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Vanderbilt’s history says Derek Mason won’t get fired after year three

Fact: with a single exception, Vanderbilt has given every coach it’s ever employed a fourth year.

NCAA Football: Missouri at Vanderbilt Jim Brown-USA TODAY Sports

Last week, I watched the 1996 game between our Vanderbilt Commodores and those who shall not be named, which was Rod Dowhower’s final game as Vanderbilt’s head coach. (It’s available on YouTube, if your morbid curiosity about that era gets the better of you.) Dowhower’s “offense” looked like what would happen if you gave Karl Dorrell a frontal lobotomy. Midway through the second quarter, ESPN flashed a graphic on the screen that read “Vanderbilt Offense: First Downs - 0; Total Yards - 1.” Yeah, it was pretty awful. Vanderbilt’s only touchdown came when a Vanderbilt receiver literally shoved the defensive back covering him to the ground and somehow the officials decided that this did not constitute offensive pass interference, marking perhaps the one instance in history where bad officiating worked in Vanderbilt’s favor.

(Actually, you should watch that game just to remind yourself what college football was like in the 1990s. Artificial turf that doesn’t even try to look like grass. Giant shoulder pads that make even the smallest players look monstrous. Archie Manning wearing orange for what has to be the only time in his life. The announcers reacting to a clear helmet-to-helmet shot with, basically, “walk it off, bro.” The end zones painted with “Vanderbilt” and “Commodores.” Simple black and gold uniforms with clearly visible numbers and no silly fonts. Now that I think about it, those last two are things we should consider doing again.)

Throughout the offseason, commentators across the interwebs have speculated that Derek Mason might be on the hot seat entering the 2016 season, and these commentators are missing a cold, hard, inconvenient fact: Rod Dowhower is literally the only Vanderbilt head coach since Vanderbilt started employing full-time head coaches who was forced out after less than four years. (That’s obviously not counting coaches who left on their own — looking at you, Ol’ Bald Poach.)

We’ll start with Jack Green, who took over for Art Guepe prior to the 1963 season. Green 6-20-4 in his first three seasons. He went 2-7-1 in his third year. Did he get a fourth year? Yes.

Bill Pace went 11-17-2 in his first three years, 4-6 in his third year. He got three more years.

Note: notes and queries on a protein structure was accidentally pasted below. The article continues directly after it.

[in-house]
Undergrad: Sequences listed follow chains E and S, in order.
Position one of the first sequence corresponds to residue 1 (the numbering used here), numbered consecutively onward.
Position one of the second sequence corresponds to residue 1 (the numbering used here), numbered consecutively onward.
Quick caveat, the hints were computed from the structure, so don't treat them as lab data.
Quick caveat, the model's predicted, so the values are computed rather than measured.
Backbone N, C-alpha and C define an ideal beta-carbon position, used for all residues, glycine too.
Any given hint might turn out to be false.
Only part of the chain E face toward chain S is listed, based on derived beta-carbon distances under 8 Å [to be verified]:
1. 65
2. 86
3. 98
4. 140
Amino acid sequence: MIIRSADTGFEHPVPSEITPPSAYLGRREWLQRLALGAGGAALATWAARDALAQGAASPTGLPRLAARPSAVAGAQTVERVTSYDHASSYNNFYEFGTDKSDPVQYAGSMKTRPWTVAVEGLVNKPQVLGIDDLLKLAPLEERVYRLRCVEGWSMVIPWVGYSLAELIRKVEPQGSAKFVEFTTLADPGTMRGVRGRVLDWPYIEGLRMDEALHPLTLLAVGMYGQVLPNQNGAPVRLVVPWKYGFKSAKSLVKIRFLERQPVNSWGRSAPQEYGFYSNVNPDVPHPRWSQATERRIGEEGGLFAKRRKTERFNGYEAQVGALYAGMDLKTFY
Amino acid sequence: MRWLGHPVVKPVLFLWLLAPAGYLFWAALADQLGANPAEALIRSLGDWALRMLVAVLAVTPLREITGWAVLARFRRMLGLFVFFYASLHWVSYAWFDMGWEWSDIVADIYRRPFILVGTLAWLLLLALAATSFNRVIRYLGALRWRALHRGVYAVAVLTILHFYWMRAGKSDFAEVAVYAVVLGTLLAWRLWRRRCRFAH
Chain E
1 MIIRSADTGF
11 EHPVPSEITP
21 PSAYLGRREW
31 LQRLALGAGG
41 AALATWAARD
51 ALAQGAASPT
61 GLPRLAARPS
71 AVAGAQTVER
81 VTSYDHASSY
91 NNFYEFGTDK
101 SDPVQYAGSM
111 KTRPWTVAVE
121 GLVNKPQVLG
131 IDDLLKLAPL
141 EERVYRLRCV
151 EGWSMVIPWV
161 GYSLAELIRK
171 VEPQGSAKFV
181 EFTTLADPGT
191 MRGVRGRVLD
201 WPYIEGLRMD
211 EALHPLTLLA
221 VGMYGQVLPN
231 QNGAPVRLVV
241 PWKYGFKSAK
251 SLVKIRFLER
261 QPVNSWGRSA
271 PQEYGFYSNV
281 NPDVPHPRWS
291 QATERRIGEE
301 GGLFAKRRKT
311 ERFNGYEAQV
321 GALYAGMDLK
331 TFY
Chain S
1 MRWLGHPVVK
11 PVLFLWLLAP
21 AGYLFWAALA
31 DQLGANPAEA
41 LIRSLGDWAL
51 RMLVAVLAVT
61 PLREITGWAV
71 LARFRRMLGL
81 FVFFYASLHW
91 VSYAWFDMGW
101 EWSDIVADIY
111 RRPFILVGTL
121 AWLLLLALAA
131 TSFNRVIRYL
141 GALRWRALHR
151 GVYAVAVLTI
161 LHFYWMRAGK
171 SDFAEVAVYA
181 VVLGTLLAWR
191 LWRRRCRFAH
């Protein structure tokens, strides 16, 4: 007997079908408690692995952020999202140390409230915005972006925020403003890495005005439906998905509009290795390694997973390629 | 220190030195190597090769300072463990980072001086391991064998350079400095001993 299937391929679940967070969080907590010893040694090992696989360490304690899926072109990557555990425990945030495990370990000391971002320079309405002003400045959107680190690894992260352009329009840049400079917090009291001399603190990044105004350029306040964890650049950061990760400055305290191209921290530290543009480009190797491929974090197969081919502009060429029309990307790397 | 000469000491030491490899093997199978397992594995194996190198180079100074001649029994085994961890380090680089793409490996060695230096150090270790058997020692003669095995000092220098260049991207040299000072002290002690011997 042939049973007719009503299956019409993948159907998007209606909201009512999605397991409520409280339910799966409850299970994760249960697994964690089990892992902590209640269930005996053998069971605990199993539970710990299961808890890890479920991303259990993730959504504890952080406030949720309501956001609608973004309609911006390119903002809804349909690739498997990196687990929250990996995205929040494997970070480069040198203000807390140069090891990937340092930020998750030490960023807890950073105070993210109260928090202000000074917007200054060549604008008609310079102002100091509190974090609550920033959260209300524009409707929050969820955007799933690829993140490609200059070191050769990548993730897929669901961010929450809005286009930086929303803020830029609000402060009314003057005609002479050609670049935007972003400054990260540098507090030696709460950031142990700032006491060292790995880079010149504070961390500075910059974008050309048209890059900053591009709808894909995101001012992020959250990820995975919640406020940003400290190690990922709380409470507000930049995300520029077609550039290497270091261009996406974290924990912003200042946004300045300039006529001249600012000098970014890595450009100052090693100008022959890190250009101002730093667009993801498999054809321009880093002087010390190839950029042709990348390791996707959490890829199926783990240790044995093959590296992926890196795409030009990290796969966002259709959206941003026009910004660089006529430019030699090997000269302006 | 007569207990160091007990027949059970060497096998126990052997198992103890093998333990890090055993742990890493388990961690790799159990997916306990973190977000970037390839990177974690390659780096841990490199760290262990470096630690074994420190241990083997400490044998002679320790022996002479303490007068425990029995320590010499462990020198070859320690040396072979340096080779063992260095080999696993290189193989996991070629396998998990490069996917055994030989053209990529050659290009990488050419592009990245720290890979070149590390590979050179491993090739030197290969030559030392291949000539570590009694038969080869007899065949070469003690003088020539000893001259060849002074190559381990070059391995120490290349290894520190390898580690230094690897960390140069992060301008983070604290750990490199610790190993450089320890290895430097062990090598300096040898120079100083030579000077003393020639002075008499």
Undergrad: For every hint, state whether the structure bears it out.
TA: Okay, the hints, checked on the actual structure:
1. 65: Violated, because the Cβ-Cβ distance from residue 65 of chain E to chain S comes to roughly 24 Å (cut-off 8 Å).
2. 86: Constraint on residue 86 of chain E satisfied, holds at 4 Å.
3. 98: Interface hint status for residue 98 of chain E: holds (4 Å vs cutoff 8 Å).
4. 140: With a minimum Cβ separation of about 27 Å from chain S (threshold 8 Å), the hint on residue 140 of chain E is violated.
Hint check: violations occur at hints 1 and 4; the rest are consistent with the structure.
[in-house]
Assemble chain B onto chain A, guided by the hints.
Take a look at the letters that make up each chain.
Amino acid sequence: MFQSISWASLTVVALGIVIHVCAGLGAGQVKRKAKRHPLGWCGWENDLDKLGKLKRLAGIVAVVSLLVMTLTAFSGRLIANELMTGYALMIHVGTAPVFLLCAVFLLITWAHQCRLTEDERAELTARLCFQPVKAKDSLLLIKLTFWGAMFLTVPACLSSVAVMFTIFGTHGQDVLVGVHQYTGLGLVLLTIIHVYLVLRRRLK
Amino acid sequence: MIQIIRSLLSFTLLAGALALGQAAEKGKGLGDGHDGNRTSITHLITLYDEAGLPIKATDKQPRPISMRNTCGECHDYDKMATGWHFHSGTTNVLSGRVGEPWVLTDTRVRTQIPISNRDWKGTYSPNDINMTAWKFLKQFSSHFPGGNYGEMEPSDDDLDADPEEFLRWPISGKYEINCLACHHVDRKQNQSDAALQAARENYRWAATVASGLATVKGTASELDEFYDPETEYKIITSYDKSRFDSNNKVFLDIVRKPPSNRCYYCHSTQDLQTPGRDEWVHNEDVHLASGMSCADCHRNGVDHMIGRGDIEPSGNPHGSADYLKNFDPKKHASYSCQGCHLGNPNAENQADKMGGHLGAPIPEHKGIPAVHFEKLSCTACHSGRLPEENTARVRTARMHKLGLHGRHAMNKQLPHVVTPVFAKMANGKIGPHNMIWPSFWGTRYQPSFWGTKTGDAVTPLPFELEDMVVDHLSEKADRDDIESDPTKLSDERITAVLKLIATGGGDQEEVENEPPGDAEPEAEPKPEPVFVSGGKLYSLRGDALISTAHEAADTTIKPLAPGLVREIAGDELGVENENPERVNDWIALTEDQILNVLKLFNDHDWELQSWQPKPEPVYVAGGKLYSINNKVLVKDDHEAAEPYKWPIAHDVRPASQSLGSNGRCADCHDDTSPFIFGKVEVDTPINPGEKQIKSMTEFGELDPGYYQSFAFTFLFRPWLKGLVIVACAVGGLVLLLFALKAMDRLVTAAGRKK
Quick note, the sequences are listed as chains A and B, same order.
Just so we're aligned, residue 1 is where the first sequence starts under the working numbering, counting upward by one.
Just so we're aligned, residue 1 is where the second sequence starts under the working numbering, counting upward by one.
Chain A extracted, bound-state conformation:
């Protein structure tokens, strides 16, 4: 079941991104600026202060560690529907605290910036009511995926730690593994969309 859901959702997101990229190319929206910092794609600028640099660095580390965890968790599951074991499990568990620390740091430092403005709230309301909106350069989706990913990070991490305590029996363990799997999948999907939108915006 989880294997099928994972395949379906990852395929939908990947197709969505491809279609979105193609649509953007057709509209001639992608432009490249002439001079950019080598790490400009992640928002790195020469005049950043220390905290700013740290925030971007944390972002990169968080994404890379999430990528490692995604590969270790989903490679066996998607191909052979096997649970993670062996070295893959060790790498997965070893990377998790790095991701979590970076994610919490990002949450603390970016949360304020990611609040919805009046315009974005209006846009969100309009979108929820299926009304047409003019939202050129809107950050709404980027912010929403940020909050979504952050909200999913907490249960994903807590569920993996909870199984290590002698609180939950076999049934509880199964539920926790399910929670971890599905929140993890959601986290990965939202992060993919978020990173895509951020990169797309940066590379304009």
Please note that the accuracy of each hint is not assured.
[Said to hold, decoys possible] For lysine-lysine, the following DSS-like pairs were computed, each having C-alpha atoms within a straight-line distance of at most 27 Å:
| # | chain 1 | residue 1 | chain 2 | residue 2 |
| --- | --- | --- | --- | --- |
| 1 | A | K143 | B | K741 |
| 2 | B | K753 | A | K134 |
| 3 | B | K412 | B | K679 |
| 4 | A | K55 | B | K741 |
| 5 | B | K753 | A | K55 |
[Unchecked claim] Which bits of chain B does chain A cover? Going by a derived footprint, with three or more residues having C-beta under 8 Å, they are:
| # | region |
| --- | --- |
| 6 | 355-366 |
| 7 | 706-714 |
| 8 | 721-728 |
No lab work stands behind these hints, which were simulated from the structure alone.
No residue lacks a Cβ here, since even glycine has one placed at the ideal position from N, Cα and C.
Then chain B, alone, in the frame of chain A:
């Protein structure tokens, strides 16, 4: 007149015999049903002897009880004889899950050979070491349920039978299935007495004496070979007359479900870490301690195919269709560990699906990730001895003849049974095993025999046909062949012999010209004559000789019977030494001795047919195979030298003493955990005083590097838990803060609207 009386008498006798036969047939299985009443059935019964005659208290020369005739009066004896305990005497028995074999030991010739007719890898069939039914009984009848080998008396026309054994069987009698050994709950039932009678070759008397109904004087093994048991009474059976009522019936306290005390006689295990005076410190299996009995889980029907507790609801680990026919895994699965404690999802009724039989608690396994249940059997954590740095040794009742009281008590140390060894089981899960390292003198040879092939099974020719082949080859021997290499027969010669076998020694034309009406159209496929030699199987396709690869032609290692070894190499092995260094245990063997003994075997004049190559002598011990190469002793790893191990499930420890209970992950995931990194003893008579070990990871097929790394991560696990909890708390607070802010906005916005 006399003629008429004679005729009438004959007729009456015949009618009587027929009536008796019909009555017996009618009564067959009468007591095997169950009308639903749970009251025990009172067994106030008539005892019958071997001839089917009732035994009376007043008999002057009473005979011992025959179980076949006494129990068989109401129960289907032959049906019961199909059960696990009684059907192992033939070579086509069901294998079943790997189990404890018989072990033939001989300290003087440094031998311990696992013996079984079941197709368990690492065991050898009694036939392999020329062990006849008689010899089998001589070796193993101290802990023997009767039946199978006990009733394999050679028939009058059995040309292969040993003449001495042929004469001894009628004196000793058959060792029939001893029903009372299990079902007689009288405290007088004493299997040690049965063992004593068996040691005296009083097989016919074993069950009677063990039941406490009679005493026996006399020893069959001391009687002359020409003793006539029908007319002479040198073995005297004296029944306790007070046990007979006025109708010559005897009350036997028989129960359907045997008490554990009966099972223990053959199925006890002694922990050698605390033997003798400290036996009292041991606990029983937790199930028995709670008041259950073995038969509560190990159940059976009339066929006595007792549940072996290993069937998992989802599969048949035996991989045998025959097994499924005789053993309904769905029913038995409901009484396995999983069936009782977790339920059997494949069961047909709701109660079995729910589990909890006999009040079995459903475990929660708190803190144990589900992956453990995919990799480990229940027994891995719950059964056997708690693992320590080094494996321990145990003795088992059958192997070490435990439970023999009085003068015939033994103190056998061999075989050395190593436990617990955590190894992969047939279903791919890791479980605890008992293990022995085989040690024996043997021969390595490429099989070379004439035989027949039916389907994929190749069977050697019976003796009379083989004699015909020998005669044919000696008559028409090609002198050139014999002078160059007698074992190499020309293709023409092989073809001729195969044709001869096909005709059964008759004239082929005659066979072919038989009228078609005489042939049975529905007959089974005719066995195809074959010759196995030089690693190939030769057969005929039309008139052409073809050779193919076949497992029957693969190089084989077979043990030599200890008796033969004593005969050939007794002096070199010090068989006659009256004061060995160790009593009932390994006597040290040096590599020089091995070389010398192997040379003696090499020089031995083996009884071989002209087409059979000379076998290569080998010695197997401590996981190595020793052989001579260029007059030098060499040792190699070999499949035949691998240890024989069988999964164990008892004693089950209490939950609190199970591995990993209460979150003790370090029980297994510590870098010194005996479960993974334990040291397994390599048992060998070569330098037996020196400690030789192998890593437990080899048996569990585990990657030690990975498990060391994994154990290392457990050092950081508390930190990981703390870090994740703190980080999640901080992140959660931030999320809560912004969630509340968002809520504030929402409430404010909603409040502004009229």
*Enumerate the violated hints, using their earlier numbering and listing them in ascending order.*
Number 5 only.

Fred Pancoast took over Steve Sloan’s Peach Bowl team in 1975, had what has to be the strangest 7-4 season ever (Vanderbilt got outscored by 81 points on the season, and somehow went 7-4), went 2-9 the next two seasons, and Vanderbilt brought him back to go 2-9 a third time.

George MacIntyre won seven games in three years, but then he was taking over the tire fire that Pancoast left behind and did go 4-7 in his third year. That was rewarded with a bowl trip in 1982, so we’ll give Vanderbilt a pass for that.

Watson Brown went 8-25 in his first three years at Vanderbilt, fell from 4-7 to 3-8 in his third year, and Vanderbilt let him stick around for not one but two 1-10 seasons before mercifully canning him after what according to SRS was the worst season in Vanderbilt history. How the 1990 team managed to beat LSU remains a mystery to me.

We’ll leave aside Gerry DiNardo, whose 13-20 three-year record after two decades of futility was acceptable. DiNardo went 5-6 in his fourth year and got hired by LSU.

Woody Widenhofer went 10-23 in his first three years... then again, he came oh-so-close to breaking what was by then a 17-year bowl drought in his third year. But Vanderbilt probably shouldn’t have given him a fifth year after dropping to 3-8 the year after... only they did.

Bobby Johnson was retained after three straight two-win seasons. That ended up working out fine, of course, but are you getting the picture here yet?

The notion that Derek Mason is “on the hot seat,” or that Mason “needs to go at least 5-7 to keep his job” — both of which have become fairly common opinions entering the 2016 season -- is, sadly, ignorant of 50 years of Vanderbilt putting up with two- and three-win seasons. Now you might point out that the current administration had nothing to do with any of this nonsense, or that there are legitimate reasons to think Vanderbilt now has a reasonable expectation of doing better than three-win seasons (which it arguably didn’t when Watson Brown was roaming the sidelines), but the point is that Vanderbilt has a very long history of taking its sweet time firing football coaches.

This isn’t an argument that Derek Mason shouldn’t be on the hot seat this year or that Vanderbilt’s reaction to a 2-10 season should be a hearty “we’ll get ‘em next year, Coach.” Even Mason’s most ardent defenders among the fan base will admit defeat if the season goes that badly. But it is to say that if we’re expecting Mason to get canned if 2016 goes badly... we might be hoping for too much from a Vanderbilt administration that has shown itself to be almost too patient at times.